Zombie Deer Disease: Why Experts Say Chronic Wasting Can Spread to Humans 

 "It's possible the number of human cases will be substantial." 

A few months ago, the “zombie deer disease” was largely the concern of deer hunters, deer activists, and anyone generally attuned to weird zombie-like diseases that abound in nature. But now, the disease is present in deer in 24 states and two Canadian provinces, and experts are warning it may be transmissible to humans — a potential risk that is too pressing to ignore.

"It’s possible the number of human cases will be substantial, and will not be isolated events.

The “zombie deer disease” is actually called “chronic wasting disease (CWD).” Though it doesn’t actually cause any outward zombification (rotting flesh, an urge to attack the living, etc), it causes the brain of an infected deer to waste away, taking on a spongy appearance that is always fatal. As a result, the deer rapidly lose weight, lose their coordination, and become aggressive — in other words, appear zombie-like.

As of now, there have been no recorded cases of CWD in humans. But in a meeting before Minnesota lawmakers on February 7, Michael Osterholm, Ph.D., director of the Center for Infectious Disease Research and Policy at the University of Minnesota, warned that we can’t rule out the possibility that we won’t see those cases in the future.

“It is probable that human cases of chronic wasting disease associated with consumption with contaminated meat will be documented in the years ahead,” said Osterholm. “It’s possible the number of human cases will be substantial, and will not be isolated events.”

CWD is always fatal in deer and can also infect moose and elk. 


How CWD Might be Transmitted to Humans

The reason scientists like Osterholm are concerned is because CWD belongs to a class of diseases called transmissible spongiform encephalopathies (TSEs) or prion diseases. Normally, proteins in the brain are programmed to fold themselves into standard patterns. In these deer, the proteins in their brains are misfolded, which causes the dangerous and deadly effects of CWD. These proteins are misfolded because of the presence of other proteins in the brain called prions, which can cause otherwise healthy proteins to fold incorrectly.

During the presentation in Minnesota, Trevor Ames, DVM, and dean of the University of Minnesota’s college of Veterinary Medicine, noted that CWD-causing prions have been found in the saliva, urine, and feces of infected deer, but importantly, they’re also present in their organs and muscle tissue — parts that people might eat. Citing the Alliance for Public Wildlife’s 2017 report, Osterholm noted that humans eat between 7,000 and 15,000 deer with these CWD infections each year, putting them at risk for developing a similar disease.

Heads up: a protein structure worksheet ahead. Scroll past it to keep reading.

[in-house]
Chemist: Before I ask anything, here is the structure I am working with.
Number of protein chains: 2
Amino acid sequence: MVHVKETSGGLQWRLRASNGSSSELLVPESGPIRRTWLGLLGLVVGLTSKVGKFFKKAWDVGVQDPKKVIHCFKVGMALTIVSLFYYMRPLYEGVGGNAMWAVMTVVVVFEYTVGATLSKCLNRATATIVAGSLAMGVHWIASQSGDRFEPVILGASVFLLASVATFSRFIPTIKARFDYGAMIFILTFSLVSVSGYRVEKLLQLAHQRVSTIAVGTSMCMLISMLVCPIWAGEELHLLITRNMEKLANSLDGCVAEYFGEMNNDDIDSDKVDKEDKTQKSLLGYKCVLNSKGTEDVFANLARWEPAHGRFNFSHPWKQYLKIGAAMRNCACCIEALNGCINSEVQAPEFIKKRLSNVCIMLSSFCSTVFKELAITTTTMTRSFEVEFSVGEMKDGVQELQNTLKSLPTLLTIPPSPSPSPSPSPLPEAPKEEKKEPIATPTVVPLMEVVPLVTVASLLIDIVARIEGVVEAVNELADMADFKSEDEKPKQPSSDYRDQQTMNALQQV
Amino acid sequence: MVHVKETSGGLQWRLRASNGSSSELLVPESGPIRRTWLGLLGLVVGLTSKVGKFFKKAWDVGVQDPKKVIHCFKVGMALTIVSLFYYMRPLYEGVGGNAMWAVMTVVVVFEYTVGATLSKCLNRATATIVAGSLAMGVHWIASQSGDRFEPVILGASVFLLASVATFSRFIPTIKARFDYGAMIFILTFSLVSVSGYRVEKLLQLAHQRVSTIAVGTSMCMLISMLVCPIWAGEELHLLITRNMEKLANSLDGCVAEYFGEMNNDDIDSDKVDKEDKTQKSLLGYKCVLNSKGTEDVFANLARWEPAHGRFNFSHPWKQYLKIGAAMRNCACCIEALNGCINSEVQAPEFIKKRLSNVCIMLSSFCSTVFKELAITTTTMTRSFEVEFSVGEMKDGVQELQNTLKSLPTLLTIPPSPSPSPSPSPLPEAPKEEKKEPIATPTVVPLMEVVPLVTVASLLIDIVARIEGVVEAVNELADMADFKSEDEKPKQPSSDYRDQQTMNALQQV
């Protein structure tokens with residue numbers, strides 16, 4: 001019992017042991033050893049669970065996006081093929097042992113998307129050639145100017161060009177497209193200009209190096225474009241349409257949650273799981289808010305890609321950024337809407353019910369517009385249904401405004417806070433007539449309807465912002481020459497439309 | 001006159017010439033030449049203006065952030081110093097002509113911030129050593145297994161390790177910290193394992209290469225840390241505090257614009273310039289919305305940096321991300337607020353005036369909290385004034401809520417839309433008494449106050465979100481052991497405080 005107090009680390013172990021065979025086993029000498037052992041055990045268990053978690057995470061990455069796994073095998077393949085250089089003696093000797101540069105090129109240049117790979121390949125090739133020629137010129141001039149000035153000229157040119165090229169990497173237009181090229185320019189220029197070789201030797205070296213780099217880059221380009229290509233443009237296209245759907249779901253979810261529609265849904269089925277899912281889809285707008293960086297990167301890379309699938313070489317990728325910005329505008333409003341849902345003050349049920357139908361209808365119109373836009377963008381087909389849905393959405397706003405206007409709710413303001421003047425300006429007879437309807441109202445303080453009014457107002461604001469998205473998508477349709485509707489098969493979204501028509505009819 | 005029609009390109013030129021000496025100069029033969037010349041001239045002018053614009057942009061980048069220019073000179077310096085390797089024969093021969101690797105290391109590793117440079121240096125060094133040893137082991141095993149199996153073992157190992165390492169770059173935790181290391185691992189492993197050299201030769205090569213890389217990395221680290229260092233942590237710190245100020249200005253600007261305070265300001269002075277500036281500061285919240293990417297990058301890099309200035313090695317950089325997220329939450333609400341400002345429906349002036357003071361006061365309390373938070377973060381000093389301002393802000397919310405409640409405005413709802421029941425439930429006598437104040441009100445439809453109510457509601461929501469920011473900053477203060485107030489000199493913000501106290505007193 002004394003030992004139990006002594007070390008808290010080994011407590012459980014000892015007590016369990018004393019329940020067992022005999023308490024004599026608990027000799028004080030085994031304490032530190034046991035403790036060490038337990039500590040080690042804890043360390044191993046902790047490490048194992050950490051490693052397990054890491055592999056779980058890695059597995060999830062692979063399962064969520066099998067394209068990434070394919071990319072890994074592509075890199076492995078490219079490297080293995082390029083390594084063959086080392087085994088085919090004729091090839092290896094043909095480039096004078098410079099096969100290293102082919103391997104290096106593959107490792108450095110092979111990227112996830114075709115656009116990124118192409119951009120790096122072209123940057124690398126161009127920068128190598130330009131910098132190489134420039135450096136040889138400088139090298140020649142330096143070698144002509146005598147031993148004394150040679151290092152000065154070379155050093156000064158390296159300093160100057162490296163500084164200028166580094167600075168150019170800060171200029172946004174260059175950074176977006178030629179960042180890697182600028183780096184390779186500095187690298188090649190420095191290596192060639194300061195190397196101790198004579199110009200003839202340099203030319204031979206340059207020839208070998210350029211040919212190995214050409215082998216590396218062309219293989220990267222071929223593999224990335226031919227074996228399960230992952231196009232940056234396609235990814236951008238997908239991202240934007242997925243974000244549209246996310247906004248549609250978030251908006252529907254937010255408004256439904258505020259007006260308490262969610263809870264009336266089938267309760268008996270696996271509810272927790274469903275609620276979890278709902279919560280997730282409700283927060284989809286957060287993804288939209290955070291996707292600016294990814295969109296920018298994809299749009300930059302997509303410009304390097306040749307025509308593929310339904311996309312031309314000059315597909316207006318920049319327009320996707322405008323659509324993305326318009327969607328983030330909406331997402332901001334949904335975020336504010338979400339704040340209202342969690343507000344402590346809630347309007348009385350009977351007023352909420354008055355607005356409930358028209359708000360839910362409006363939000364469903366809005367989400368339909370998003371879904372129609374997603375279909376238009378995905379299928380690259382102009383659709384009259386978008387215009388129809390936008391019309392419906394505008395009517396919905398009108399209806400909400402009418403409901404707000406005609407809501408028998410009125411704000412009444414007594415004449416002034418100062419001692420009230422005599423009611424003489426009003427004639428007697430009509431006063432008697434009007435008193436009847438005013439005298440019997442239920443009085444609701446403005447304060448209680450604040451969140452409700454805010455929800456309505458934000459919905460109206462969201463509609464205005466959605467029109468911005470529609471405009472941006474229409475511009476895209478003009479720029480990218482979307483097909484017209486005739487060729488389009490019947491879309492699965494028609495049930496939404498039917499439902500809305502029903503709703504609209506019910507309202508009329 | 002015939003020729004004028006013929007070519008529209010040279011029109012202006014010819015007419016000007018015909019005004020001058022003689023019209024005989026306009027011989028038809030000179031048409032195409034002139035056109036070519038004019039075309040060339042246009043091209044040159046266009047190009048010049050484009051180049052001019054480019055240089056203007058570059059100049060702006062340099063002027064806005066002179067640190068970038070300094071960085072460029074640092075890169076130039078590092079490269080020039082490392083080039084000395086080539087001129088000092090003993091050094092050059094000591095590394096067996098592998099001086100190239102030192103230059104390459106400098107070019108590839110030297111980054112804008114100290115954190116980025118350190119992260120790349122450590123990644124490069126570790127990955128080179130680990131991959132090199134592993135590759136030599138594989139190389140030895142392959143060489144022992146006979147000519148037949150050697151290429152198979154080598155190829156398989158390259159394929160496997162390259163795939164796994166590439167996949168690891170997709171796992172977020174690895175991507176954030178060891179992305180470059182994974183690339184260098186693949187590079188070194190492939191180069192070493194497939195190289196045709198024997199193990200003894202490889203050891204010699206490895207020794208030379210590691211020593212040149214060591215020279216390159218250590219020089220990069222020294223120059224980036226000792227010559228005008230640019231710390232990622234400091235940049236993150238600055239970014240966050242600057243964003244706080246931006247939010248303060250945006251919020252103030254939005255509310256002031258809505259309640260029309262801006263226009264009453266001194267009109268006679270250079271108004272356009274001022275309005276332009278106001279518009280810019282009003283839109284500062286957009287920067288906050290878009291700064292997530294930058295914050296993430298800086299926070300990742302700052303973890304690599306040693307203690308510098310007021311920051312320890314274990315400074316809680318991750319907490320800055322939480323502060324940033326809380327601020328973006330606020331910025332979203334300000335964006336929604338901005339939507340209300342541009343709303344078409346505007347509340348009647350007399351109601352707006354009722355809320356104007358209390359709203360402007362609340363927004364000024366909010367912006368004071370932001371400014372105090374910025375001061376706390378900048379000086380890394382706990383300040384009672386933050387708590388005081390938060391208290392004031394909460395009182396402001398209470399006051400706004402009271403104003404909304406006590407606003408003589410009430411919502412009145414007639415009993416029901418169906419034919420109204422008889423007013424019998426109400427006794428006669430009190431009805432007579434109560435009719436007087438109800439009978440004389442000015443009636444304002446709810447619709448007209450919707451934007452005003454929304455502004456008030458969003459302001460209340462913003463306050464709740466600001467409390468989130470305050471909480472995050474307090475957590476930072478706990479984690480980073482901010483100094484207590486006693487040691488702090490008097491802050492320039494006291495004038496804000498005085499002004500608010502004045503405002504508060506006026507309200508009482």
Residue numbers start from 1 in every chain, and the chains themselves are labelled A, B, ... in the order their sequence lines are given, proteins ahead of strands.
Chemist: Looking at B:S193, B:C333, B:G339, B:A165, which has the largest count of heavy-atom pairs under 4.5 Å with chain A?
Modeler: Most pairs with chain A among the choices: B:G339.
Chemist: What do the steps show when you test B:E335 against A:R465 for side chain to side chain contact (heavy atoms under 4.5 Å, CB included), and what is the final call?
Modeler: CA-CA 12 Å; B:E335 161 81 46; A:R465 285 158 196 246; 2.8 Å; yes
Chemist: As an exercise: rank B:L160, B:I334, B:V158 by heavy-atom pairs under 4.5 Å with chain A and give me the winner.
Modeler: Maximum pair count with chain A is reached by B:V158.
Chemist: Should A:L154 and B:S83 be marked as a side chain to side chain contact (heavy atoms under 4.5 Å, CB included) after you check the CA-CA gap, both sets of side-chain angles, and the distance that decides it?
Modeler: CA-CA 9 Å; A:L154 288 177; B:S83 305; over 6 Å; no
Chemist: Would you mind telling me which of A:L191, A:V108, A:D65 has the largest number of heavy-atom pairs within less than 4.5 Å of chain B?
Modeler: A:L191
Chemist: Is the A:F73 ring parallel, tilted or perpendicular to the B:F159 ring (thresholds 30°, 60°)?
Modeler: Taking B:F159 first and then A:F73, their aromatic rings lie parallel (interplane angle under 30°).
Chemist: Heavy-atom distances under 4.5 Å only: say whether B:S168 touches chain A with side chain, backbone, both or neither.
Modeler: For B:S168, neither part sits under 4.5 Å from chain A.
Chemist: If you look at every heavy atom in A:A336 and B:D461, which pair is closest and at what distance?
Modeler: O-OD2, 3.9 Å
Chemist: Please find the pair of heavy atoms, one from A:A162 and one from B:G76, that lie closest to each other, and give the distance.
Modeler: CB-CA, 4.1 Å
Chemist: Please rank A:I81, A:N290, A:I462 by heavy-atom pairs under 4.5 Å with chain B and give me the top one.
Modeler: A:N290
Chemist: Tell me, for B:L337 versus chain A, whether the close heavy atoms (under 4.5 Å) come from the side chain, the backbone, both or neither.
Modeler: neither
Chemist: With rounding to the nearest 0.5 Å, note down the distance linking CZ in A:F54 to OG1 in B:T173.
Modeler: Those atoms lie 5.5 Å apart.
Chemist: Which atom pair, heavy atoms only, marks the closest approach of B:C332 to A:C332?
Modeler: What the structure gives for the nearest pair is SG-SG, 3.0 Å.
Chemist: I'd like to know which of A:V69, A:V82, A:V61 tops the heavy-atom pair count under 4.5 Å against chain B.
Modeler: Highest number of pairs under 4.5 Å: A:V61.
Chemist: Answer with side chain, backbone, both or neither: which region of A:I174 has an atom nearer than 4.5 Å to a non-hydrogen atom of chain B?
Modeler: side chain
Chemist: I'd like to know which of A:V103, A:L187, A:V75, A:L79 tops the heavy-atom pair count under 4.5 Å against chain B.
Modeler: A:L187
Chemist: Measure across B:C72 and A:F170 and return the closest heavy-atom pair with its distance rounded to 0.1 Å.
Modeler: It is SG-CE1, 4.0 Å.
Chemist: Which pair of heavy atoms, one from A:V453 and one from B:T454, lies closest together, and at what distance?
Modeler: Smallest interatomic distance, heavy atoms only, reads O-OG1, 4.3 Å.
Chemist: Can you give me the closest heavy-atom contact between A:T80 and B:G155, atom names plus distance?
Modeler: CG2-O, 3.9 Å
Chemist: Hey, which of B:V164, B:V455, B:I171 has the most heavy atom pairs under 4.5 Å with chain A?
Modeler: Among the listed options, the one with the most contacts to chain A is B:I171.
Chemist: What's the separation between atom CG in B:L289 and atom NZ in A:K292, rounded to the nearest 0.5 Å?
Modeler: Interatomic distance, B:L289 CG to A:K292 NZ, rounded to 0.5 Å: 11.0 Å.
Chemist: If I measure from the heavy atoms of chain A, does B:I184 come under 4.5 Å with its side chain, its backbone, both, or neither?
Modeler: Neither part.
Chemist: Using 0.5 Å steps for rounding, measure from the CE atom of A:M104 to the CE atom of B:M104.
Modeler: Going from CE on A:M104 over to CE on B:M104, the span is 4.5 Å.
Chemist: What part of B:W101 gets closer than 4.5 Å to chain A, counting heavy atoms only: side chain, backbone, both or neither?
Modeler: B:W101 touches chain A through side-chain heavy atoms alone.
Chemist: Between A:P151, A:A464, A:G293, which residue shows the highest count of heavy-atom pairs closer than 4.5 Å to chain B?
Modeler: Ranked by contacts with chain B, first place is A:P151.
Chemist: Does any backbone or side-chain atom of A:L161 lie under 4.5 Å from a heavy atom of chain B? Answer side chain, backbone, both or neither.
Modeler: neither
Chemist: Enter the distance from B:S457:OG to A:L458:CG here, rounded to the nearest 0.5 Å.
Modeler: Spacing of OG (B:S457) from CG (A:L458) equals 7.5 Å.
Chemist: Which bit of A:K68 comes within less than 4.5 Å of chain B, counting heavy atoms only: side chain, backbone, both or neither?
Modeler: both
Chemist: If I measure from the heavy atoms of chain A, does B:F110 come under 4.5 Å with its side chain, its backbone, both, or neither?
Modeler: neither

CWD’s Link to Mad Cow Disease

As of now, scientists don’t know whether the prions that cause CWD in deer have a similar spongifying effect on human brains. They do know, however, about the history of prion diseases making the jump from animals to humans because of contaminated meat consumption. “Mad cow disease,” which infects cows, is also caused by prions and has been linked to the development of variant Creutzfeldt-Kakob disease in humans, a fatal condition that causes proteins to fold in strange ways in human brains. In the nineties, the spread of mad cow disease in the UK led to bans on imported British beef in the US and Europe. Nearly 4.4 million cattle were slaughtered (and not eaten) in an attempt to cull the disease before it could spread. Those cows, like the “zombie” deer, lost weight, became uncoordinated, and acted abnormally before they died.

Now, the USDA has monitoring systems in place to prevent the spread of prion diseases, and the World Health Organization warns that countries should take care to ensure that meat from animals infected with prion diseases (not just deer but cows and sheep, which have their own prion-based diseases) doesn’t end up in the food chain, where it may infect humans.

As far as CWD goes, we don’t know whether it can wreak havoc on humans, but Ames noted research suggesting it might. “It is not known if people can get infected with the disease. But there is some experimental evidence that has shown evidence of CWD prion transmission to primates and human cell lines, which raises concern,” Ames said at the meeting.

A lot of unanswered questions about zombie deer disease remain, but for now, the historical precedent set by mad cow disease and other prion diseases has prompted the CDC to warn people to steer clear of deer meat from infected animals.

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